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Cree hit by winter weather as profits evaporate

22 Apr 2015

Fall in gross margins attributed to inventory adjustment sees LED lighting company’s earnings plummet.

US-based LED lighting specialist Cree has reported a 98 per cent fall in net income for its latest financial quarter, as the North Carolina company burned through its older LED product inventory at a faster rate than anticipated.

At $410 million, sales were up slightly from the equivalent period last year – despite delays to commercial sales in the northeastern US caused by the recent extreme weather there – but Cree posted a net income of just $0.7 million, down from $28.2 million a year ago.

CEO Chuck Swoboda told an investor conference call: “The margin declines were due to a number of factors, but the common driver was the impact of inventory reductions in LEDs and lighting. While we planned to reduce inventory, we burned $33 million or 10 per cent of inventory in the quarter, which is faster than expected and resulted in a larger margin impact than targeted.”

He also pointed to a less profitable mix of sales caused by the weather-related delays to commercial sales, as well as a higher proportion of LED bulb sales, which command a lower profit margin because of the highly competitive bulb market.

Swoboda said that despite the impact of the inventory reduction on the company’s profit margins in the latest quarter, it was the sensible course of action. He said: “We believe it is the prudent choice and in line with our strategy to continue to innovate and rapidly bring new products to market to meet the evolving demands of our customers.”

Litigation costs
Also adding to costs in the near term is the company’s decision to file a complaint with the US International Trade Commission, in which it accuses China-based rival Feit Electric and Taiwan’s Unity Opto of false advertising.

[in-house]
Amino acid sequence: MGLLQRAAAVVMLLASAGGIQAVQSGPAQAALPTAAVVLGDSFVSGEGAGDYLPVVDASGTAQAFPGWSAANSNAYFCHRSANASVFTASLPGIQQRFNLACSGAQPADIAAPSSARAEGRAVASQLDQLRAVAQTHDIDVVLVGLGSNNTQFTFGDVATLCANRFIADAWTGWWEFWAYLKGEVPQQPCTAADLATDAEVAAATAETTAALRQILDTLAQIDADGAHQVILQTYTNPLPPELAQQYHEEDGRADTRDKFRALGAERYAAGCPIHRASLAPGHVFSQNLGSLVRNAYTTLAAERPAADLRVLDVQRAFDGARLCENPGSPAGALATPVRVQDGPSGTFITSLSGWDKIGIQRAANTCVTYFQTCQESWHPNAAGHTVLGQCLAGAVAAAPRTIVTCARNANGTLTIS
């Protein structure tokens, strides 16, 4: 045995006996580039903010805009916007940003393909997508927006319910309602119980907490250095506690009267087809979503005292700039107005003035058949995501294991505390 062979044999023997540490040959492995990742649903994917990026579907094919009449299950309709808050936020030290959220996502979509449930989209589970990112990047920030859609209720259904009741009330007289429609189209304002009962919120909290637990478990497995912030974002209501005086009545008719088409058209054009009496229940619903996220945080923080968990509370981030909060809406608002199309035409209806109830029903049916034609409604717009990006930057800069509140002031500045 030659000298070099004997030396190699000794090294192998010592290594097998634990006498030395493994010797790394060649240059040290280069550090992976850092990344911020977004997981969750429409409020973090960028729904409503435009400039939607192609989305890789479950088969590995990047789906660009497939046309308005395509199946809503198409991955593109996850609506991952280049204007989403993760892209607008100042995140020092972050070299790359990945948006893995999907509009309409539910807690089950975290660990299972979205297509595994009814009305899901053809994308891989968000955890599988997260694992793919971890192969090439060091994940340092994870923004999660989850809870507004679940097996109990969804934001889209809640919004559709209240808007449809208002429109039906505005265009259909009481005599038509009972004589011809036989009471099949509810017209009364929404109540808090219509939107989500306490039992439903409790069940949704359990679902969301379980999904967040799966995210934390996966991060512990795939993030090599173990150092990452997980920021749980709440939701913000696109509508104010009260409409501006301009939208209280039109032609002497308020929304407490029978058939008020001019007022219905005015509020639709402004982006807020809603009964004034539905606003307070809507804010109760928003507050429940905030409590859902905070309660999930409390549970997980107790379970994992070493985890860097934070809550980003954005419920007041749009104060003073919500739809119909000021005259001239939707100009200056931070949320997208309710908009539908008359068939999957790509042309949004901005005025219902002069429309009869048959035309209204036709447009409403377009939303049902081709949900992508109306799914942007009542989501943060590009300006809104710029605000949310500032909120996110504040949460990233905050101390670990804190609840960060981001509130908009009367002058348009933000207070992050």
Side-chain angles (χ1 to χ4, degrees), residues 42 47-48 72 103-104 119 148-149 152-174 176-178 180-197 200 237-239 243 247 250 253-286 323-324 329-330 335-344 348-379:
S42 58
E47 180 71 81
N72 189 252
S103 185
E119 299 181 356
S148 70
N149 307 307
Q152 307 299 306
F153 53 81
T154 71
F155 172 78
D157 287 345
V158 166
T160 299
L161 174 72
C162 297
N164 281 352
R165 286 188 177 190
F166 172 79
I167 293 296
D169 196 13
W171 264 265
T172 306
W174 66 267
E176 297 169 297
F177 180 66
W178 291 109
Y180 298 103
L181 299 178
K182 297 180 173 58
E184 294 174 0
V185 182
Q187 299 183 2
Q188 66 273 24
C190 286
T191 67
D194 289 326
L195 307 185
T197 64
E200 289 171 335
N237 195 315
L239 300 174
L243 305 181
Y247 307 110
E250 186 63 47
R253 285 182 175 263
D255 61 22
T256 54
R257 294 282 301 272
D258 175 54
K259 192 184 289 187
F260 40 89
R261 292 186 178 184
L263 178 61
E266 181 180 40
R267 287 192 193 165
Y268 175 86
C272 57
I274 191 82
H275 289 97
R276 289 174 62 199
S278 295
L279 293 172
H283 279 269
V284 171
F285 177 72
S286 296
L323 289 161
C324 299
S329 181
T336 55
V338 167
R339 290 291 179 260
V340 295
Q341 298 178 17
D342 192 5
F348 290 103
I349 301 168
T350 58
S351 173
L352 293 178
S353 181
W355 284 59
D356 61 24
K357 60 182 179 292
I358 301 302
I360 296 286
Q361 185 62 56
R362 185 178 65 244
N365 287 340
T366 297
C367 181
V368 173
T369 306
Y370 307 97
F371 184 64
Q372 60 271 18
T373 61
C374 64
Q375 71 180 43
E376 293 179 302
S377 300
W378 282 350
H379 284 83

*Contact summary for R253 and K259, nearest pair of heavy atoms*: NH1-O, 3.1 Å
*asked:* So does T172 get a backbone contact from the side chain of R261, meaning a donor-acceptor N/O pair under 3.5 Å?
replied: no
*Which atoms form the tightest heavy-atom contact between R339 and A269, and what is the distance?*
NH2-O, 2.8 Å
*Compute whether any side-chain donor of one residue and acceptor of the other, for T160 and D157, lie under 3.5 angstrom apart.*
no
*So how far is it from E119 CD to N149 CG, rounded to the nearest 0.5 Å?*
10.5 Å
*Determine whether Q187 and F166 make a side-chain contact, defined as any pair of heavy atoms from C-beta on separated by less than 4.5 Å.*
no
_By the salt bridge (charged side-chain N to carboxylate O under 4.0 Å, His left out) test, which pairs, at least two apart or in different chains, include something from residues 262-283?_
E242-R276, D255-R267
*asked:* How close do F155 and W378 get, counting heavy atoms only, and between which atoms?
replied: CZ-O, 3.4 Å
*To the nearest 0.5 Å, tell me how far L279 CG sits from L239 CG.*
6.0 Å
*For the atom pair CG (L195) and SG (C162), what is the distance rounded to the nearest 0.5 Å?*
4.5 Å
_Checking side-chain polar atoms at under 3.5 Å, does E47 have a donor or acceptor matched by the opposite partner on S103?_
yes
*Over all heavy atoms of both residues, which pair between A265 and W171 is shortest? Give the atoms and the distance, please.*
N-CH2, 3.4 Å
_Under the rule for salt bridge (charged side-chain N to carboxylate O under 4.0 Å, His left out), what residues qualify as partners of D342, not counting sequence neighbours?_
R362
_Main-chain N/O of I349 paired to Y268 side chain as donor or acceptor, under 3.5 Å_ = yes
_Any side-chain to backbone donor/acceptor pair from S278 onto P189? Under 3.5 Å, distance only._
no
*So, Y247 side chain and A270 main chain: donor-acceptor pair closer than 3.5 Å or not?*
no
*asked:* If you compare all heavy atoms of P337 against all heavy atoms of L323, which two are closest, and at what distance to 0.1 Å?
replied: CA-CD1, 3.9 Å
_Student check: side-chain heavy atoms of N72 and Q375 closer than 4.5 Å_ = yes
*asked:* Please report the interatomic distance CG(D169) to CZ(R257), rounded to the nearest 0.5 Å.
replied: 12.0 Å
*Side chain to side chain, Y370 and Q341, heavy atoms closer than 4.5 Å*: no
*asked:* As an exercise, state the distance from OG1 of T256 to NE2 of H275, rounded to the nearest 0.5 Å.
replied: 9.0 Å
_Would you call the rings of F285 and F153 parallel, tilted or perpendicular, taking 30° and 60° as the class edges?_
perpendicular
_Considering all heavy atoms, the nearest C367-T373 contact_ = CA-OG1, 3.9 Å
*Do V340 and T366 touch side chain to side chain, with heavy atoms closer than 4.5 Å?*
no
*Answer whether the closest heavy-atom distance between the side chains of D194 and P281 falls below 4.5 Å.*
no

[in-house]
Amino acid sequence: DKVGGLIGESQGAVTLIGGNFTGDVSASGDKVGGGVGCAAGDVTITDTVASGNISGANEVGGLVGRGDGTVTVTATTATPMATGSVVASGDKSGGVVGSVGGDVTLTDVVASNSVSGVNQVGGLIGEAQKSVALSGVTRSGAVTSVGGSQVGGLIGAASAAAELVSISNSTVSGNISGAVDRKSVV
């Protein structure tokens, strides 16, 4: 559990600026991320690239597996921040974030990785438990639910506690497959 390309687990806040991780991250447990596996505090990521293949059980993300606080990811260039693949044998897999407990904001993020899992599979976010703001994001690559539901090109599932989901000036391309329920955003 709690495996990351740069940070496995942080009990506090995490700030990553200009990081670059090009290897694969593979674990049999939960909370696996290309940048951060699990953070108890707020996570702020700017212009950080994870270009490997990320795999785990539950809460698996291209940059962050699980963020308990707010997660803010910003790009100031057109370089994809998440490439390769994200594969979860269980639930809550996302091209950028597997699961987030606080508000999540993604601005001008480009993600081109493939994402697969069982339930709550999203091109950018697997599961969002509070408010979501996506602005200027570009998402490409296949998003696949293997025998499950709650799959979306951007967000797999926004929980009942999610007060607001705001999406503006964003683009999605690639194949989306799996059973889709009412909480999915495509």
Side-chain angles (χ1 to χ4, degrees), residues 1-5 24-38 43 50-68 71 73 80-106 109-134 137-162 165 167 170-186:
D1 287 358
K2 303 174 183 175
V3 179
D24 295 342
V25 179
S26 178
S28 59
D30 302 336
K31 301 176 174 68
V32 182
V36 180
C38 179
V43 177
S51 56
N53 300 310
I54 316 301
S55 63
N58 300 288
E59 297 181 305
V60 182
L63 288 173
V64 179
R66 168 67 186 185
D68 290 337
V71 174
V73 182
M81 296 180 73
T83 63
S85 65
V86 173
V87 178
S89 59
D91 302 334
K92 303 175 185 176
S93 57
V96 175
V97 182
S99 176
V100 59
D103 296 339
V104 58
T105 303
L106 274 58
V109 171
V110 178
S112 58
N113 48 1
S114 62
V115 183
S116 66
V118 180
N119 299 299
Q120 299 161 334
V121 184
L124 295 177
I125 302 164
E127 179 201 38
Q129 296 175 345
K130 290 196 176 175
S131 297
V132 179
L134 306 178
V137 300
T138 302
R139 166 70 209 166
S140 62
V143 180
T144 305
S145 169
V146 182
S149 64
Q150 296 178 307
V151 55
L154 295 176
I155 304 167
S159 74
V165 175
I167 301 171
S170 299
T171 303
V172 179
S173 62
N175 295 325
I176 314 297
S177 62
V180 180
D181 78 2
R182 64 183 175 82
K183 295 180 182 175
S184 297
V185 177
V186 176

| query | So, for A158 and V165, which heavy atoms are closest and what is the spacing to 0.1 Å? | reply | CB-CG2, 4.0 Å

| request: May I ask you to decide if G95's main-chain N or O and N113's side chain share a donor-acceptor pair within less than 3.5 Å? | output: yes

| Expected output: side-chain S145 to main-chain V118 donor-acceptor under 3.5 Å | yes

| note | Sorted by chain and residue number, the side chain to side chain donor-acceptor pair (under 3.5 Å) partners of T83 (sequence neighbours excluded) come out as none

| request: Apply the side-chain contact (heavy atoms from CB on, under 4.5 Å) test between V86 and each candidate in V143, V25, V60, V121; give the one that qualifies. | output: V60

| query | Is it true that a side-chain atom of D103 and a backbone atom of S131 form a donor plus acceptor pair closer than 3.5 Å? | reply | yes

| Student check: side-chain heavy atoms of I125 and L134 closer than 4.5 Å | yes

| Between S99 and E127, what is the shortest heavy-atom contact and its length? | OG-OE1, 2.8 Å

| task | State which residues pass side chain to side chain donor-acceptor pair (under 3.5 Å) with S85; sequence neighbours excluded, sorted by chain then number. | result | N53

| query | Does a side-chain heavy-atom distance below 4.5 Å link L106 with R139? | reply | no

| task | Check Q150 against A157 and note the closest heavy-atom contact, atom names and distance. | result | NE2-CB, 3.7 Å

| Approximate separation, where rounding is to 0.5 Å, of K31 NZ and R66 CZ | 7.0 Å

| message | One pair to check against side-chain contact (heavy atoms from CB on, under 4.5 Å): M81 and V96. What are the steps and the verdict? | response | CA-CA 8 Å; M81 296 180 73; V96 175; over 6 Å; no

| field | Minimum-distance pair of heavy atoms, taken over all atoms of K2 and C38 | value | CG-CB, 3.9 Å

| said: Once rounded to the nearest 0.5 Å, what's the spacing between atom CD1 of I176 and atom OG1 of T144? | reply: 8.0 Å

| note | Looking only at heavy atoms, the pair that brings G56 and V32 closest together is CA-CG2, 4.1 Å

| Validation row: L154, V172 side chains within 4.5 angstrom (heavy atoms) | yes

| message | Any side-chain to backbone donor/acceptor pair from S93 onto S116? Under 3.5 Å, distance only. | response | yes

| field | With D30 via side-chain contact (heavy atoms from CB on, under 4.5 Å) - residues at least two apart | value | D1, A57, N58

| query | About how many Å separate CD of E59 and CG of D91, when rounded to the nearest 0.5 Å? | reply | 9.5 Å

“We’ve got to get through this litigation phase, which is a pretty expensive choice, but we knew that when we started it,” said the CEO. “If we’re going to make an investment in intellectual property, then we need to work to make sure we get paid for it.”

Critical to the forthcoming batch of high-performance LED lighting products is Cree’s latest “SC5” technology platform, and part of the thinking behind the recent inventory clear-out is to get new products based on the more advanced manufacturing process into the hands of its customers more quickly.

Swoboda explained: “We are getting ready for SC5 to start ramping up and going into production volume as we get into the next quarter, and so think it’s a good time for us to lean out the channel a little bit and put ourselves in a position for the new products.”

LED competition
Looking back over the past 12 months, the CEO added: “It has been a challenging transition for our LED business over the last year, but we continue to see signs that our demand has stabilized.”

For the current quarter, Swoboda is expecting strong demand for lighting products, coupled with stable LED sales, to drive revenues up to somewhere between $420 million and $440 million.

“We’ve continued to lead the market by driving LED adoption and have grown our LED lighting business to create a nearly $1 billion lighting company, while managing the market challenges in LED components,” concluded the CEO.

“Although the LED components market is likely to remain very competitive over the next year, we believe we are well positioned for the growth in our lighting business to drive overall growth in the company.”

• Despite that optimism, the lower-than-expected profit margins that Cree reported appeared to weigh on the company’s stock price. In pre-market trading after the financial update, it was down 4 per cent at around $34, meaning that Cree’s market value has now halved since early 2014.

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